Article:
8. Recovery is supported by addressing trauma
9. Recovery involves individual, family, and community strengths and responsibility
10. Recovery is based on respect.’
Substance Abuse & Mental Health Services Administration (USA) 2011, SAMHSA’s definition and guiding principles of recovery – answering the call for feedback
, SAMHSA, viewed 05 January 2012, http://blog.samhsa.gov/2011/12/22/samhsa%E2%80%99s-definition-and-guiding-principles-of-recovery-%E2%80%93-answering-the-call-for-feedback/
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How significant is continuing care in supporting people recovering from dependence?
‘While initial inpatient treatment may be a first step on the road to recovery from addiction, research has demonstrated the importance of long-term continuing care (aftercare) to help support individuals in maintaining their recovery goals…Since addiction treatment does not end with the initial residential program completion, it is important to understand the factors associated with aftercare participation and long-term recovery.’ Researchers attempted ‘to identify factors associated with greater aftercare participation for 367 adults who completed abstinence-based residential addiction treatment between 2004 and 2007 at Bellwood Health Services in Toronto, Canada. Pre-treatment substance use, number of days spent in residential treatment, motivation, treatment satisfaction, and demographics were used to determine which characteristics predicted greater aftercare participation. The duration of residential treatment and treatment satisfaction emerged as significant predictors of aftercare attendance. Regular aftercare attendance was associated with lower levels of substance use at 6-month follow-up. Results suggest that a longer duration of residential treatment can influence continuing care engagement and highlight the importance of initial treatment retention for long-term recovery’.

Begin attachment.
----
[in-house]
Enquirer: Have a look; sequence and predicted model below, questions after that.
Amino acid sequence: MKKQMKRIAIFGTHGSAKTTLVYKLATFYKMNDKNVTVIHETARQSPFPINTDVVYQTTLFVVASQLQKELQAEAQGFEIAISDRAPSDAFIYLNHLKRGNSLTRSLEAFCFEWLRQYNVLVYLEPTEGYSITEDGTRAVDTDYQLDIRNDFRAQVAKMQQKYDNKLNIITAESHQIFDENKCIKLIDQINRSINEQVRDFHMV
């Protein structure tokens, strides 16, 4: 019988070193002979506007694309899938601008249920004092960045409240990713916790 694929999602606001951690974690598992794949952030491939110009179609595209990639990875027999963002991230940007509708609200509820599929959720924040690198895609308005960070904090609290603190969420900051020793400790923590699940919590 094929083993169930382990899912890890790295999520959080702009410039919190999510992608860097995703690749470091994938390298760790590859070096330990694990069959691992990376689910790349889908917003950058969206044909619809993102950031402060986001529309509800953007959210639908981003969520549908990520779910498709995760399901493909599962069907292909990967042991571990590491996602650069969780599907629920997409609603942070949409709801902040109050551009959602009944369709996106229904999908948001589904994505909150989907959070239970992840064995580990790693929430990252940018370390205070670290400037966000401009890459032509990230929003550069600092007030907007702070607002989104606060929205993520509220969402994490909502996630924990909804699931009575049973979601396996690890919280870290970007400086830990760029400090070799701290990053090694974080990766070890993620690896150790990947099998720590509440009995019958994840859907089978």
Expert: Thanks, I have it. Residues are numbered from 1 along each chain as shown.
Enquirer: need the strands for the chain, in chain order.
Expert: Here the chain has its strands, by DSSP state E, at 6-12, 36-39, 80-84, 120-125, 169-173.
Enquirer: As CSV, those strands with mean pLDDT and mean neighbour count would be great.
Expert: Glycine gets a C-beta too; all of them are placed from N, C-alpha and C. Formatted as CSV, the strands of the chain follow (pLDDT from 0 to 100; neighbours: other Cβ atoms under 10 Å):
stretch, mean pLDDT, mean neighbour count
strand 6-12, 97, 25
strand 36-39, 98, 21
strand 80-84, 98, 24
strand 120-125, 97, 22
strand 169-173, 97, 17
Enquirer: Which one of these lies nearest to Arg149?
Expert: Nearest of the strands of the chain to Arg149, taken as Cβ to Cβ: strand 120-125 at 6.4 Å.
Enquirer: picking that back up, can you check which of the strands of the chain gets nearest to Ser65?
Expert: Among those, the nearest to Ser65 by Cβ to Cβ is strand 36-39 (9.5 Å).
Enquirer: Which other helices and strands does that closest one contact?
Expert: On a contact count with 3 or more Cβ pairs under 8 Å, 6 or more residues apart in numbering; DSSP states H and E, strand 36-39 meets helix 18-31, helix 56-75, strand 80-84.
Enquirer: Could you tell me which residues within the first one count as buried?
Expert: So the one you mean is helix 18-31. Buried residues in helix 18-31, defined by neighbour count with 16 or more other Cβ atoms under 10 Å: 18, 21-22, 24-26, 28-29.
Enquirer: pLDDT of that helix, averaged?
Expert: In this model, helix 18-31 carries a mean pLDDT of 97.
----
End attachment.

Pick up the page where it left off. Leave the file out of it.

Arbour, S, Hambley, J & Ho, V 2011, ‘Predictors and outcome of aftercare participation of alcohol and drug users completing residential treatment’, Substance Use and Misuse
, vol. 46, no. 10, pp. 1275-87.
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Does intensive judicial supervision increase the effectiveness of drug court program outcomes?
A study reported in the Crime and Justice Bulletin
assessed whether ‘intensive judicial supervision (IJS) during the early stages of drug court reduces drug use and sanctioning rates’. In a randomised controlled trial ‘All participants accepted onto the Parramatta Drug Court program between March 2010 and March 2011 were randomly allocated into either an IJS or supervision as usual (SAU) condition. The IJS group had phase 1 of their program extended from three to four months and appeared before the judge two times per week during phase 1. The SAU group appeared once per week for three months during phase 1.’
The researchers concluded that the trial findings ‘provide strong evidence that intensively supervising drug court participants in the early phases reduces early-phase substance use and sanctioning rates’.